In the middle of frying up egg sandwiches last evening, the stove presented
me with a loose knob and only two settings–(red) high and off–for the one decent
sized heating coil. The other coil is too small to cook anything much
worth eating (it’s like a Weight Watchers burner); the other side of the stovetop is a griddle thing–fashionable in
the late seventies, I guess. It would have worked for the egg fry, but it
takes a while to heat up, and the stove didn’t go on the fritz until after I’d
made D. and Ph.’s sandwiches. No, really, you go ahead and eat; I’ll
fume over this crappy appliance and the life-threatening popping sounds it’s making (while my egg
hardens to the faint heat of a might-be-on-might-be-off burner.
So I pulled it apart today, figuring a knob can’t be too hard to replace,
even on an old stove. Trouble is none of the hardware mega-stores around
here carry appliance parts and the Maytag fix-it shop doesn’t open until 8:30
Monday morning. I had the camera out to take a pic of the wires on the
switch I was removing, you know, to pixelate my memory because I would forget
where each of the five wires should be reconnected. Then I took a couple
more pics–the ones you see here.
With any amount of luck, this will be my final post in a growing
up the house for market. We’ve had several inquiries, given out five tours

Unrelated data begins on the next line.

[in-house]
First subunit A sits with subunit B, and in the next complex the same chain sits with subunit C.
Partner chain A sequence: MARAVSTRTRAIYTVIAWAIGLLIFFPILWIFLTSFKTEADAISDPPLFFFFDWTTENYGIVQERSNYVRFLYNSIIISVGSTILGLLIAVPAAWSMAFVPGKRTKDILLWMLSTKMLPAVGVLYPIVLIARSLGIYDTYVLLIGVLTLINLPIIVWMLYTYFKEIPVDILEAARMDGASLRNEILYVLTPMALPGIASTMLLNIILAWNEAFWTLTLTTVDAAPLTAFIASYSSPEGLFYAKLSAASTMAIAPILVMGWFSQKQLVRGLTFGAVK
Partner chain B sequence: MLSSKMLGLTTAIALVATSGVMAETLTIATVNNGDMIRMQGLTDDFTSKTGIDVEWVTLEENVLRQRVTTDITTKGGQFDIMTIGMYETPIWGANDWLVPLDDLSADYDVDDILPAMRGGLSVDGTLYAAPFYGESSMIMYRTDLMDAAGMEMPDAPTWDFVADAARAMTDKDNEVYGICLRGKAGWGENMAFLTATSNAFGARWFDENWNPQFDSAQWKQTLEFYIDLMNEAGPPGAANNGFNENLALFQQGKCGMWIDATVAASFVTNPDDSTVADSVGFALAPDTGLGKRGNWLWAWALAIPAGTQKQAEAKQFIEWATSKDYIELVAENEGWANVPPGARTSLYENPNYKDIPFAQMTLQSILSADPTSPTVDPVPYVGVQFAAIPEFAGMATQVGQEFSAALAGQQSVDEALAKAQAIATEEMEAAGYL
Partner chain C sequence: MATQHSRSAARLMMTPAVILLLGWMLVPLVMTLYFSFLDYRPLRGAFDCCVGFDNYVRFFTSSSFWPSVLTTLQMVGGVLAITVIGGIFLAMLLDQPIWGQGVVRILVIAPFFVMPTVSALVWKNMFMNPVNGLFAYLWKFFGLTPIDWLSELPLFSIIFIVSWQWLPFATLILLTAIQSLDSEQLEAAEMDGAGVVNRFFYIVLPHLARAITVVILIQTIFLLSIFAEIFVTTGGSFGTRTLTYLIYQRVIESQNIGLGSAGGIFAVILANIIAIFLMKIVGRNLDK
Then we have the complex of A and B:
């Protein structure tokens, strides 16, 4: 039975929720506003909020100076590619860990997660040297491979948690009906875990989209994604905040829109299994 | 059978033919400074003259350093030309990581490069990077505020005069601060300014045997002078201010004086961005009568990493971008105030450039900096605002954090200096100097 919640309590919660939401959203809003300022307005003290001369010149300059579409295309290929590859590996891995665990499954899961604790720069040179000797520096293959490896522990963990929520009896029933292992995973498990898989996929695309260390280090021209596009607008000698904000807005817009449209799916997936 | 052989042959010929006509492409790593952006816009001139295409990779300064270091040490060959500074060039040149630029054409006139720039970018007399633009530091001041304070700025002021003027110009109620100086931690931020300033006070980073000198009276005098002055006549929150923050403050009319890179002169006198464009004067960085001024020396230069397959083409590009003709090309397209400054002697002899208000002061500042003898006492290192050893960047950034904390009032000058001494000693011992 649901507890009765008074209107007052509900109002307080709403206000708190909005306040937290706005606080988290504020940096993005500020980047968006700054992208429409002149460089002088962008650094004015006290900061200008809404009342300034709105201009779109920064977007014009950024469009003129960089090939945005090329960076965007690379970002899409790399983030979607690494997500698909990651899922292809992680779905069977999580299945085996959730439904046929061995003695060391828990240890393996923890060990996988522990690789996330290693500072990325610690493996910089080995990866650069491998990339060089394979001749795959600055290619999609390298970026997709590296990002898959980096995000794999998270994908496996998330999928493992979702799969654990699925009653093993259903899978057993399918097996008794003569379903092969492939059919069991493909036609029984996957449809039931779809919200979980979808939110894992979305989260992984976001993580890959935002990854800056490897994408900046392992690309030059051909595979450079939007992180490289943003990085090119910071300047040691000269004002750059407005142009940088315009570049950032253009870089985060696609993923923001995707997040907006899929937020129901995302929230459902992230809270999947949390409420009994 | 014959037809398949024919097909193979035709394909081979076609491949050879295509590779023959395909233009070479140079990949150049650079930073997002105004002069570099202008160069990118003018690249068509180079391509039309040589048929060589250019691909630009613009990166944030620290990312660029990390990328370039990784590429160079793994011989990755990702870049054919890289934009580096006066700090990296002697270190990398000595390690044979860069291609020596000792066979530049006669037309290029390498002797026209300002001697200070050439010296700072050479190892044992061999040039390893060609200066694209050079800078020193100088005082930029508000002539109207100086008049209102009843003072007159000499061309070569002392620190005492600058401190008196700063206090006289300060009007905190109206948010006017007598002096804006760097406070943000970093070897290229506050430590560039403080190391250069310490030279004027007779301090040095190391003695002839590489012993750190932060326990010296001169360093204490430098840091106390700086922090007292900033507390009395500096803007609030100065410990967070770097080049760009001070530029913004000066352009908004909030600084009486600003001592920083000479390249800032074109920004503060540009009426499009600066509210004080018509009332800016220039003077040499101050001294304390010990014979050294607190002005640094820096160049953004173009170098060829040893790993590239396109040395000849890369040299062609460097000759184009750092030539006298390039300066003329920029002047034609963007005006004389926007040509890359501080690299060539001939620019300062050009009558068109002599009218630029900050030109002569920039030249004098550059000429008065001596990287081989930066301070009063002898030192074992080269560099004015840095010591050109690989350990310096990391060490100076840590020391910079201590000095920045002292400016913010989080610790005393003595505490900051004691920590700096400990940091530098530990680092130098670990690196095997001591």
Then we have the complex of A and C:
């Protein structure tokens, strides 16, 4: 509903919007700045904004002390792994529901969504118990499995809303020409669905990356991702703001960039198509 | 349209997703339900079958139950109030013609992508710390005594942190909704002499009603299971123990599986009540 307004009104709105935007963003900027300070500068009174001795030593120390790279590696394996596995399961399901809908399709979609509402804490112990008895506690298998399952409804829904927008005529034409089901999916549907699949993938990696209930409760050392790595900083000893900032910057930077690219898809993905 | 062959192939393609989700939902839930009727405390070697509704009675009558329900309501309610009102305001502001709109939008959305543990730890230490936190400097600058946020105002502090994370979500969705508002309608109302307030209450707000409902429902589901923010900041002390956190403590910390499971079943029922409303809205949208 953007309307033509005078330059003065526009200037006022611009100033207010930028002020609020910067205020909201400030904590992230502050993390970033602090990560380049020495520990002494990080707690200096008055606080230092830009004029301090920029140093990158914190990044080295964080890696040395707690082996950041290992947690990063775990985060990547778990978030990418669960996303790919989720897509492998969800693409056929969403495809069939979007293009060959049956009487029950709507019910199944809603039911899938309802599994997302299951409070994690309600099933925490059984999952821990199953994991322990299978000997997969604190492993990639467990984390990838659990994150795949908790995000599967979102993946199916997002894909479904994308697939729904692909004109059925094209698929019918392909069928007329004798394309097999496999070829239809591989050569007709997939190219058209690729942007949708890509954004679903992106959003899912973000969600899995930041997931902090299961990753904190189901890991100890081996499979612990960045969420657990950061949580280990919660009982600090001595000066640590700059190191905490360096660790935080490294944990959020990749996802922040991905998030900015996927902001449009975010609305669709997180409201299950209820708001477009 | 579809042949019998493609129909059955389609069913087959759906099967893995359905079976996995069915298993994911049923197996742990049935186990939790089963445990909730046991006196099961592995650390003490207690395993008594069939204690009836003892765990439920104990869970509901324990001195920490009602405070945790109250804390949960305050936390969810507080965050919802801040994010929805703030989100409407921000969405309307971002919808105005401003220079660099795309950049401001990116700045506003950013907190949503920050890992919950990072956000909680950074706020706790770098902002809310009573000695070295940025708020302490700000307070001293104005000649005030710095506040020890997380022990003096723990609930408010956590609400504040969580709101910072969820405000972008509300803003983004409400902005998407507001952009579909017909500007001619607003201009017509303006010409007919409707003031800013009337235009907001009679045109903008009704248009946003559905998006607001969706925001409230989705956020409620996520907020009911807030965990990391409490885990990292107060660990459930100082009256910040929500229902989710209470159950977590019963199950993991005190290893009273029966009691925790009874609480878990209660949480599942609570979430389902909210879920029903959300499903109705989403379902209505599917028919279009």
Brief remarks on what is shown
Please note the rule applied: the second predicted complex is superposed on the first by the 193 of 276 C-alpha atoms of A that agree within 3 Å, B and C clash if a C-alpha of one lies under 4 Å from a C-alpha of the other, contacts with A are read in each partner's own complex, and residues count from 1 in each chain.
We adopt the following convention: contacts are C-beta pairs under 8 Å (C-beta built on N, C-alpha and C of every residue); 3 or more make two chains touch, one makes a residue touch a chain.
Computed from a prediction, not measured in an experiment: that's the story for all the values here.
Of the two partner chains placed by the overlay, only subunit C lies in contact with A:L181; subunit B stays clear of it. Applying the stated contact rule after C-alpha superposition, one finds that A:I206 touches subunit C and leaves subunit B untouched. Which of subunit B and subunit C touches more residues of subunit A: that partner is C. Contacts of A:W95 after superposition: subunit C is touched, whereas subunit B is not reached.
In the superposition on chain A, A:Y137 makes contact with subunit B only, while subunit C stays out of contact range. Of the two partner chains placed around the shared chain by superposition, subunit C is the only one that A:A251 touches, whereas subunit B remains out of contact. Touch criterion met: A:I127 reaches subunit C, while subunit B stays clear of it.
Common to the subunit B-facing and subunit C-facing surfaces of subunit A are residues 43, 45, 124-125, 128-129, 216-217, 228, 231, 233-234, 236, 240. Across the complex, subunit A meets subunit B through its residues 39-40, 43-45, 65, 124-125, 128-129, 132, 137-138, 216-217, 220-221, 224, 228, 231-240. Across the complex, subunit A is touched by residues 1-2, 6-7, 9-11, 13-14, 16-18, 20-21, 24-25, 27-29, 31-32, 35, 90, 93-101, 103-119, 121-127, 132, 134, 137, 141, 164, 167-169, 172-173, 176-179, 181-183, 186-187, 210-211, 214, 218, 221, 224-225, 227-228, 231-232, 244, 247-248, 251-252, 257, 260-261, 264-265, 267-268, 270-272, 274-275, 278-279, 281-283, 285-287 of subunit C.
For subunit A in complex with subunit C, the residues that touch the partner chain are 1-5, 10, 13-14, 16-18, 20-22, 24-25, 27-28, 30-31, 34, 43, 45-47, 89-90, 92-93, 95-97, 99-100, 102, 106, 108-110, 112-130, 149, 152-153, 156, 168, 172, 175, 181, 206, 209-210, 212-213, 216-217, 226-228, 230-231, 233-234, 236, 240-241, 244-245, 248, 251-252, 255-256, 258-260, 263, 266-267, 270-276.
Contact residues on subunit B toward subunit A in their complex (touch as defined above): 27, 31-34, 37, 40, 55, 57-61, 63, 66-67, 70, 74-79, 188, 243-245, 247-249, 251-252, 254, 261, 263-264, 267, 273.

house ("Aw…notice the splendid view.") No offers yet.
Twenty-three fliers have been pulled from the box hanging next to the sign stuck
in the front yard–in two weeks.
My only planned house-fix for the day was the tug-chain switch in the house
fan. It’s old, irregular. Sometimes you pull on it and the fan works,
other times you pull on it, nothing. So I cut the power, started taking
out screws. And what I found was deeply troubling. The insulation on
the old-a*s fan wires were all cracked, revealing bare wires. Plus,
working on a house fan is physically demanding: my head was crookt into a tight
space, the Sahara winds were drifting down from the attic space, the lighting
was poor, my step ladder was quivering. The electrical line from the house was
fine–that much was a relief. So I chopped the power supply to the fan, grabbed some 18 gauge extensions, wrapped-spliced-routed, patched in
the cycle switch, and affirmed my faith that miracles happen. It works.
From pure misery to pure joy, just like that. Now, no more pictures or
blog entries about home repair. Promise.